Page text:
This then becomes a major theoretical conclusion in itself: Vitalist Comedy can coexist with either light or dark comedy. And dark and light comedic forms can be represented in every Vitalist season. Sub-genres of comedy easily overlap as legitimate, sustainable analyses.
We turn then to one of the great surprise successes of Hollywood, Sylvester Stallone’s Rocky. Part of the surprise in 1976 was Stallone himself, only a few years before a starving young actor, now become not only a star but a choreographer, director, and patron for other credited family members including his dog, Butkus.
Another part of the surprise was one of the first uses of Steadicam photographic technology in filming running and fight scenes, notably the iconic scene of Rocky running up the stairs of the Philadelphia Museum of Art.
But the biggest surprise was that a film that cost approximately $1.1 million to produce went on to box office receipts in the neighborhood of $120 million in the United States alone and allowed Stallone to be writing and starring in five additional Rocky movies over the next quarter of a century.
Rocky is about a southpaw boxer with a mediocre record of wins to losses but a more impressive number of KO’s. Now 30, he is definitely on the way down, fighting at the Ascension Athletic Club where the winner’s share, before taxes and other costs, is well under $100. To make ends meet—and from the look of his squalid one-and-a-half room apartment, ends barely meet—Rocky is a collector-enforcer for a local loan shark. It must be some consolation that he is well-known and respected in the equally squalid North Philadelphia neighborhood.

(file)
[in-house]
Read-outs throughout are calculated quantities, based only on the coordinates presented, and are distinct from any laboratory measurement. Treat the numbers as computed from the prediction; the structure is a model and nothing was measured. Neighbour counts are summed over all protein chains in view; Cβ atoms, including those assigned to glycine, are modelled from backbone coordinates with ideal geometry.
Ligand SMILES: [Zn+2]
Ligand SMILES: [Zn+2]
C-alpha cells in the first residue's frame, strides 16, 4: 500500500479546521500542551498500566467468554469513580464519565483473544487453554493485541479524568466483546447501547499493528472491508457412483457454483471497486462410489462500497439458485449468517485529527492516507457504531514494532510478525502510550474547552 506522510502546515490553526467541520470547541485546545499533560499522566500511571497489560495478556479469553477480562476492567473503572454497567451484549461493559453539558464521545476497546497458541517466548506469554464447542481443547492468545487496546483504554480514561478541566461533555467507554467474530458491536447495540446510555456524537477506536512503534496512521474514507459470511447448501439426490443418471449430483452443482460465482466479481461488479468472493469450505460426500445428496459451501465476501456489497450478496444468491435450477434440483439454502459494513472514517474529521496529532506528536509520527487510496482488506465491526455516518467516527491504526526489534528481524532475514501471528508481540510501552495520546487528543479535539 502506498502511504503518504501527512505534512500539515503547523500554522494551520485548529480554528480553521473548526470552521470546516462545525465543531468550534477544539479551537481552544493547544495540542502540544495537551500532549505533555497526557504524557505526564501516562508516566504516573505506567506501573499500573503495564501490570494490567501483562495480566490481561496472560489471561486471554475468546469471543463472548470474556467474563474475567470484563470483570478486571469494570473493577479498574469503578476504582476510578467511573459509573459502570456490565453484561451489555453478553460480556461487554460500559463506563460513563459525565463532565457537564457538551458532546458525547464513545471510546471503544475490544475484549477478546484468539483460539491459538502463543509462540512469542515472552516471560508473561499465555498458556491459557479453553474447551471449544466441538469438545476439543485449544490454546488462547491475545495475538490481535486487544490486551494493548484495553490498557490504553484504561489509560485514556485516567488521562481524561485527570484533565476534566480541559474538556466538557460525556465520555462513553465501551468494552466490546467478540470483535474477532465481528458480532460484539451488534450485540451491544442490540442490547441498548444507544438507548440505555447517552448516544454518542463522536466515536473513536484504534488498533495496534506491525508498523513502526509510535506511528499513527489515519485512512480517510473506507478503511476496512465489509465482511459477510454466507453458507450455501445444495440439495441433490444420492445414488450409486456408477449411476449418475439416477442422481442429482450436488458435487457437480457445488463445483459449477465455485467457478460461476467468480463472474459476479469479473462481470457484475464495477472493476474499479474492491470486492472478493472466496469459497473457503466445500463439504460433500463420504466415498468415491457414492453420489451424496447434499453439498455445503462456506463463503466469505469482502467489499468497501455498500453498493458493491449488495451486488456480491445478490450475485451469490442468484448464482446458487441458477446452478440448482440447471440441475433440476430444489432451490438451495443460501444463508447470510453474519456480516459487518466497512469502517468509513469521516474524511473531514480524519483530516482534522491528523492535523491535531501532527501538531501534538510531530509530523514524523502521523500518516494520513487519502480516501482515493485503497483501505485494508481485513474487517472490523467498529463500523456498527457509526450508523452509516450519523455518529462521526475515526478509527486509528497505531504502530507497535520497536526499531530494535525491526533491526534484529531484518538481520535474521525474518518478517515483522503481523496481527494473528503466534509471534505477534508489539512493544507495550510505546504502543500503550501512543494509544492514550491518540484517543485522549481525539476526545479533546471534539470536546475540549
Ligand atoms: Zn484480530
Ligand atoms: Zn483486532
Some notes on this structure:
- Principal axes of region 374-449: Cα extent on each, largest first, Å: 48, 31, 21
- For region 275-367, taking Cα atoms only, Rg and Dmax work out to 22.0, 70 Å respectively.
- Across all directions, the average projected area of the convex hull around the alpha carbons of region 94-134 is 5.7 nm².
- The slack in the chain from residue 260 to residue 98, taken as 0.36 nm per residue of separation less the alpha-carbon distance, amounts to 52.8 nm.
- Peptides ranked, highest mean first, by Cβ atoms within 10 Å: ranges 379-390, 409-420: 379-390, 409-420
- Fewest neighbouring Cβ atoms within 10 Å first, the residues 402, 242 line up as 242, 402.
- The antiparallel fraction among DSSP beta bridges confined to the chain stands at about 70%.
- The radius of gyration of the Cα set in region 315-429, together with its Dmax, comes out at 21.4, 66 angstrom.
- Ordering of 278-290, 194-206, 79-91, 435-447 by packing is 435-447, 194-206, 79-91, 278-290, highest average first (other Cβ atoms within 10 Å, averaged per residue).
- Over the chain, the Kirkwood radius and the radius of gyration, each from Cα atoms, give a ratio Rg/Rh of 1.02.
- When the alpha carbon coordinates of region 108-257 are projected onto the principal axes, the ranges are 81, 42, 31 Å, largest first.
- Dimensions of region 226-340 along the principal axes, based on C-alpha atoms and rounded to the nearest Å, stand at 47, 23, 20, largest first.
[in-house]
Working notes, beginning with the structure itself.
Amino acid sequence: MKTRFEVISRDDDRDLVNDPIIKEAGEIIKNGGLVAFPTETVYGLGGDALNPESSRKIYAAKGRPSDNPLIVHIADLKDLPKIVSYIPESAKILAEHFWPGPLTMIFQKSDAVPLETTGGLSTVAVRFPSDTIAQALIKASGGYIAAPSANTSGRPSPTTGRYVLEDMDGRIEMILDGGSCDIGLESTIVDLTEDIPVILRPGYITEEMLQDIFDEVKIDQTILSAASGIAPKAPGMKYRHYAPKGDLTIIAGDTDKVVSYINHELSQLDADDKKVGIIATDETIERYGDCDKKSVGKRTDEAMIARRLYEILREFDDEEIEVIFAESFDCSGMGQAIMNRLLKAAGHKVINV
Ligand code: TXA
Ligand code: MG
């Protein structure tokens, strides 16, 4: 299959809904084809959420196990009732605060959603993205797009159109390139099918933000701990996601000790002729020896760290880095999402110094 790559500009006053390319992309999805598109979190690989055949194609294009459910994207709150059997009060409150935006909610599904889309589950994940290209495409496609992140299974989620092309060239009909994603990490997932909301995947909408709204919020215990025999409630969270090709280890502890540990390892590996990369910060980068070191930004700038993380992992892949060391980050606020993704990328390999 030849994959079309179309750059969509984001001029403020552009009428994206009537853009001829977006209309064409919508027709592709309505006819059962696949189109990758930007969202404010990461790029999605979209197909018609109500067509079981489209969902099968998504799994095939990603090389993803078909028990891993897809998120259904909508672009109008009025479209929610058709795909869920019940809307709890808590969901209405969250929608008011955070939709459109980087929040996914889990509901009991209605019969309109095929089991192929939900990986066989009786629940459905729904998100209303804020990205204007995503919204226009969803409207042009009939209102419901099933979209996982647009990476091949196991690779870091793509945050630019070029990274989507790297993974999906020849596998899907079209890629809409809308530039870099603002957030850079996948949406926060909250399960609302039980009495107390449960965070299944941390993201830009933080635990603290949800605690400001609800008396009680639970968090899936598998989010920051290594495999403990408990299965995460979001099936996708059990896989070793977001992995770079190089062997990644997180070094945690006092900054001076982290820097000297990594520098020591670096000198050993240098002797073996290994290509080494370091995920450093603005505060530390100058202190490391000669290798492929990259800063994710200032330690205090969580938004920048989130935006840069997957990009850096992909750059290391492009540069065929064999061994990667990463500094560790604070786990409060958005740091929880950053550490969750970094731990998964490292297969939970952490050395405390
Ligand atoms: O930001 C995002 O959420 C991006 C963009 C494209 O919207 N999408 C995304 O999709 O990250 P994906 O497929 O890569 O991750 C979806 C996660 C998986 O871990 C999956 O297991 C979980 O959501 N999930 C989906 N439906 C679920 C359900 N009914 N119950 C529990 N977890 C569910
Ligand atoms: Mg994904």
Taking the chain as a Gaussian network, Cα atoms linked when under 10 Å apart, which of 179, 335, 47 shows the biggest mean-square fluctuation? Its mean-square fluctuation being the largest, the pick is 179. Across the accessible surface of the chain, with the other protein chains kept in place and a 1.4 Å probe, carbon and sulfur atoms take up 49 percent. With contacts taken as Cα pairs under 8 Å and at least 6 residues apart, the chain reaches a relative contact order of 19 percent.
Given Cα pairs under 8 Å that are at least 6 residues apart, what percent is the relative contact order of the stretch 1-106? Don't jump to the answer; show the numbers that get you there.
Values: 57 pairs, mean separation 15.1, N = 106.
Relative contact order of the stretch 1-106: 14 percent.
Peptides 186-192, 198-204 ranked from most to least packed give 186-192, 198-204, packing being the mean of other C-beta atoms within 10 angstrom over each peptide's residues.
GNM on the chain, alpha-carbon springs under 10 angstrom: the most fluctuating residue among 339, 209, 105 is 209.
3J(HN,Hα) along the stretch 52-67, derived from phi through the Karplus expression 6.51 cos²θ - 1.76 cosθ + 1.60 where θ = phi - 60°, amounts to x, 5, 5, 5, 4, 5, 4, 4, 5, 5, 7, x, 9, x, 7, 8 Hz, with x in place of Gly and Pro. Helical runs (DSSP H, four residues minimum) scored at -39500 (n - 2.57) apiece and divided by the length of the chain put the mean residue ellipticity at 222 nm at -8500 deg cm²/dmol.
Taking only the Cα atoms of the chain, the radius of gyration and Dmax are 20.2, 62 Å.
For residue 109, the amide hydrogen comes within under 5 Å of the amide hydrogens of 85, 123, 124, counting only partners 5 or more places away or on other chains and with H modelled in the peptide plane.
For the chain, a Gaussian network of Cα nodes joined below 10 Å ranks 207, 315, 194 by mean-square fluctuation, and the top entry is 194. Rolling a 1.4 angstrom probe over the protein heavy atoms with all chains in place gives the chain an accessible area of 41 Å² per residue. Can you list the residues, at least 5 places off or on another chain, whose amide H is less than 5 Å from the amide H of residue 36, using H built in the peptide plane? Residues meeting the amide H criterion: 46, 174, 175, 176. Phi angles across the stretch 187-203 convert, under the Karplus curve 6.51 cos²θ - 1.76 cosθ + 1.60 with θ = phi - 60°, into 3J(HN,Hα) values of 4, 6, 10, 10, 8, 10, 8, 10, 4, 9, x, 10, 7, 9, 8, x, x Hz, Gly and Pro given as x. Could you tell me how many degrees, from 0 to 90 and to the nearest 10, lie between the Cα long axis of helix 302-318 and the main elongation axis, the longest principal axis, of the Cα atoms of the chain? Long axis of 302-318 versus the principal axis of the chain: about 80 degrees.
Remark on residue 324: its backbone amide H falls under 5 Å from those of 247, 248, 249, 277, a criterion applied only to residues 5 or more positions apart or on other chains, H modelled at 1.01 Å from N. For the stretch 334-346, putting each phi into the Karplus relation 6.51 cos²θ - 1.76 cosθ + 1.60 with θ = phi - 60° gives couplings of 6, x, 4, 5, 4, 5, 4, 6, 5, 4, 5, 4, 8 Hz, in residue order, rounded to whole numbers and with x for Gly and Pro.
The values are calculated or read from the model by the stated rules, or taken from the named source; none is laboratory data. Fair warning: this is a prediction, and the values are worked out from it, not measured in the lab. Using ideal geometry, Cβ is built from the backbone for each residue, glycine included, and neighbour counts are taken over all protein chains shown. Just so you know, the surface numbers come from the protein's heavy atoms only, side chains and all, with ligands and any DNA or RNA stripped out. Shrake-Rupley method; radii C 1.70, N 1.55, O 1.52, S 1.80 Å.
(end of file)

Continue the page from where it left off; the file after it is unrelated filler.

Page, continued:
Rocky’s companions in squalor are his goldfish, Moby Dick, and his two turtles, Cuff and Link. He bought Cuff and Link at the pet shop where a very shy 30-year-old Adrian works and sells supplies like turtle food to Rocky without ever looking up. Adrian’s extreme shyness challenges Rocky because he is definitely taken with Adrian, who also happens to be the live-in sister of his friend, Paulie Pennino.
Rocky, it should be emphasized, is not one of life’s brighter bulbs, which he freely admits. Confronted with the challenge of Adrian, however, he has been creative enough to make friends with as many animals in the pet store as possible, including puppies and Butkus, a full-grown bull mastiff. He also is at pains to have a ready supply of lame jokes and quips, most of which are barely intelligible. Rocky is not much of a talker to begin with, and his inarticulation is compounded by his ghetto accent, fight-swollen facial muscles, and inherent gentleness that comes across as mumbling.
The first half of the movie is thus taken up with much-drawn-out scenes of Rocky obstinately forcing his way into Adrian’s attention with only a brief fight scene intervening that emphasizes Rocky’s brute strength when provoked. His friend, Paulie, who works in a wholesale meat locker, repeatedly complains about working conditions and pesters Rocky to help him to something better in the loan-shark business.